Breastfeeding the right way: Step By Step On How To Breastfeed

Step On How To Breastfeed

A mother nursing her baby—it’s undoubtedly one of the most beautiful pictures nature could make. It’s additionally one of the least complexes. Breastfeeding is so natural, truth be told, that we’ve been doing it for many years. (In fact, without it, humankind wouldn’t have survived.)

However, don’t be fooled: For a few ladies, the initial couple of days or weeks of breastfeeding are challenging.

“Breastfeeding is natural, but it’s a practiced skill, almost an art form,” says Corky Harvey, R.N., M.S., a lactation consultant and co-owner of The Pump Station, a breastfeeding-support center in Santa Monica, Calif. “You could read a book about playing the flute and learn a lot about the instrument,” she explains, “but you won’t really learn how to play the flute until you actually do it.”

Breastfeeding is no different. As with learning to play a musical instrument, success comes from a combination of motivation, knowledge of essential skills, and practice.

Begin by putting your nipple between your baby’s upper lip and nose (higher than picture 1 here), at that point urge her to open wide by tenderly brushing her upper lip with your nipple. Another choice is to brush your child’s cheek with your nipple, which will make her move in the direction of it with her mouth open.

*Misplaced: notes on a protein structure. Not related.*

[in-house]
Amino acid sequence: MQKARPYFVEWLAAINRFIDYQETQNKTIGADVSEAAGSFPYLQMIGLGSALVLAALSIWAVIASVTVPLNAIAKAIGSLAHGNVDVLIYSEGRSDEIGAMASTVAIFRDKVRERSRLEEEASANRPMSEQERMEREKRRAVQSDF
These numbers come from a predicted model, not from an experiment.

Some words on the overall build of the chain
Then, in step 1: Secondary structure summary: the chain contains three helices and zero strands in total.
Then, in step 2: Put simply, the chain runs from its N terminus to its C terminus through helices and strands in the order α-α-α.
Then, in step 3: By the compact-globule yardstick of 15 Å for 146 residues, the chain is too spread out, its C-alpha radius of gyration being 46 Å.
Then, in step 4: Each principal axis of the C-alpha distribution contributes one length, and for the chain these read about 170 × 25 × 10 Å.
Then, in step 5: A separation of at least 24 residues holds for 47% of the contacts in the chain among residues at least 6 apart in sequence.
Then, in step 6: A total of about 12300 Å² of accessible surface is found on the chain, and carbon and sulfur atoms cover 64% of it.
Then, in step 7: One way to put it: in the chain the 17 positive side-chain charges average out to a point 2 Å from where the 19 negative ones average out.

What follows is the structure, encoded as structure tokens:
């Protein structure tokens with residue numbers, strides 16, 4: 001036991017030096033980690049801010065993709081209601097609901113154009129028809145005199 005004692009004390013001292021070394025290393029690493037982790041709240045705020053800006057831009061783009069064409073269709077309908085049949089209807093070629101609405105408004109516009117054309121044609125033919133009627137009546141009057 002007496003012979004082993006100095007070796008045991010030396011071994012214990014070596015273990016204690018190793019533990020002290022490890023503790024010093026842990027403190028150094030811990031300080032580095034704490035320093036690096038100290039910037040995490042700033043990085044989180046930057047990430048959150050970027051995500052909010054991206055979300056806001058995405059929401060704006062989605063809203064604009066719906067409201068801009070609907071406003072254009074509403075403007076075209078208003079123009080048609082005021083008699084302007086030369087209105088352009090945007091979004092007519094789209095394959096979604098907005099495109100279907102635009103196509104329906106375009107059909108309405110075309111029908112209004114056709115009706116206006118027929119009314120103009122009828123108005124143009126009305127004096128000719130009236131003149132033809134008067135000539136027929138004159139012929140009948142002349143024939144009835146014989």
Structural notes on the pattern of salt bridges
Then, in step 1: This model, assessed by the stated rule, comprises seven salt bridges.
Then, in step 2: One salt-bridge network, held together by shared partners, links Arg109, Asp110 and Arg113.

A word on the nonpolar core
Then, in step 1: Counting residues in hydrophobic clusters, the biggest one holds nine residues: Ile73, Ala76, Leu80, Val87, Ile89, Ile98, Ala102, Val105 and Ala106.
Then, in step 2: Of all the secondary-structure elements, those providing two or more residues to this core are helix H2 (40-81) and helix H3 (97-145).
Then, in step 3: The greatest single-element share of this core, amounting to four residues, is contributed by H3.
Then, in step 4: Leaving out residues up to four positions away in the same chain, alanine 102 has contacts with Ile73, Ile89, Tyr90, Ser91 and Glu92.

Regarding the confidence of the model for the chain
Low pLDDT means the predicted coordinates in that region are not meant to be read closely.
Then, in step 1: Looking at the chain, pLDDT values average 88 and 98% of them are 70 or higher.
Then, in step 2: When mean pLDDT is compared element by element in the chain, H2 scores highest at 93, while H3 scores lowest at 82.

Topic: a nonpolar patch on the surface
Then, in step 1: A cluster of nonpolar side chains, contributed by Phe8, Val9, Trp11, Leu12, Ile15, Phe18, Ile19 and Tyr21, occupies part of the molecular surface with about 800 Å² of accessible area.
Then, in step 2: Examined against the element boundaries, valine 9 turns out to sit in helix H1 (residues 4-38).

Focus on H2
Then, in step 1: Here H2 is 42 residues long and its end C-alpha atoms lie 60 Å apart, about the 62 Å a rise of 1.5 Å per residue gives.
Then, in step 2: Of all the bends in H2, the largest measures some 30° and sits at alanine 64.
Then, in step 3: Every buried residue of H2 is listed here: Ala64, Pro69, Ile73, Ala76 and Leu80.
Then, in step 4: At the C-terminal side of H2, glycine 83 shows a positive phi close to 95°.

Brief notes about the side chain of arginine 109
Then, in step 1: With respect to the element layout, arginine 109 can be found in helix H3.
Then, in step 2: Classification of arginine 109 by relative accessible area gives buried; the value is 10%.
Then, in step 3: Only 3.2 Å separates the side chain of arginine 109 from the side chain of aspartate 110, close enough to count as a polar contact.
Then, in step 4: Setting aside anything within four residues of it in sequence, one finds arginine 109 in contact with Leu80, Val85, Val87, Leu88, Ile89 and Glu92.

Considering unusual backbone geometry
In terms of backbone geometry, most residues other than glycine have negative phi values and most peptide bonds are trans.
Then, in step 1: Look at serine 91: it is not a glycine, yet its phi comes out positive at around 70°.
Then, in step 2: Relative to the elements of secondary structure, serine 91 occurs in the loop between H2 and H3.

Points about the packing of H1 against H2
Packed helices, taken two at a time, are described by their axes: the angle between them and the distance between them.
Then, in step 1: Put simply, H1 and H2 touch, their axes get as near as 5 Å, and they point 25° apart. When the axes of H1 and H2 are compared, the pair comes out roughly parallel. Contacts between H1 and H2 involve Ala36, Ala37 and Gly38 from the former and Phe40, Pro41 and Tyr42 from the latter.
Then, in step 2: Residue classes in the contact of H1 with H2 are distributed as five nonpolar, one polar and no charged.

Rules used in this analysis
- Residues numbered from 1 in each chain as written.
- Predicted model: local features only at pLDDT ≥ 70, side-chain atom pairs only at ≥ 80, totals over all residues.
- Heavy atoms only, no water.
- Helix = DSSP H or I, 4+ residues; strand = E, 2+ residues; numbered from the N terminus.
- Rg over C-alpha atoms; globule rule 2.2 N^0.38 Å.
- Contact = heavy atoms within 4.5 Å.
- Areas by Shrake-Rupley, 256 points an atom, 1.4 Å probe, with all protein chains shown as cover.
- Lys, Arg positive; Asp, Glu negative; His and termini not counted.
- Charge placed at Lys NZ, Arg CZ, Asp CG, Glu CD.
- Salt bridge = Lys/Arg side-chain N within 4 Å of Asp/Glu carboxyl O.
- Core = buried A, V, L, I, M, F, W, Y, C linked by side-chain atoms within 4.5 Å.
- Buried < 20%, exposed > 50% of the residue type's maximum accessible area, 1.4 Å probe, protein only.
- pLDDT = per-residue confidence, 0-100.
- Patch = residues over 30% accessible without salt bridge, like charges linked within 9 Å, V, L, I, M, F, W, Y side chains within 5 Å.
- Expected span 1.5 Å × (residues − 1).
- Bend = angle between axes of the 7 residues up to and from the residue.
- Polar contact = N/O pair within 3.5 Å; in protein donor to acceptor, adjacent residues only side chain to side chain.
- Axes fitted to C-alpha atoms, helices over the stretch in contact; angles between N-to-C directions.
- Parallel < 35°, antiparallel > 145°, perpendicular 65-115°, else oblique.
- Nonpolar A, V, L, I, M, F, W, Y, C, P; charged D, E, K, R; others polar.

At the point when your infant is “rooting” (searching for the breast with her mouth open), pull her to your breast (instead of bringing your breast to her mouth).

As your baby latches on, you need her to get a big mouthful of breast tissue. The most ideal approach to do this is with an “asymmetric latch” which implies that she gets more breast tissue on the underside of the areola, rather than an equal amount all around.

Your baby’s lips should be opened wide around the breast. The best latch is one in which you don’t feel any pain and your baby is getting milk. (Listen for the sound of your baby swallowing.) If latch-on hurts, break the suction – by inserting your little finger between your baby’s gums and your breast – and try again.

As your baby nurses contentedly, hold her close. You may also want to support your breast, especially if your breasts are large.

Getting comfortable with breastfeeding takes time – for you and your baby. Don’t be discouraged. Once you and your baby are in sync, breastfeeding can be a beautiful experience.

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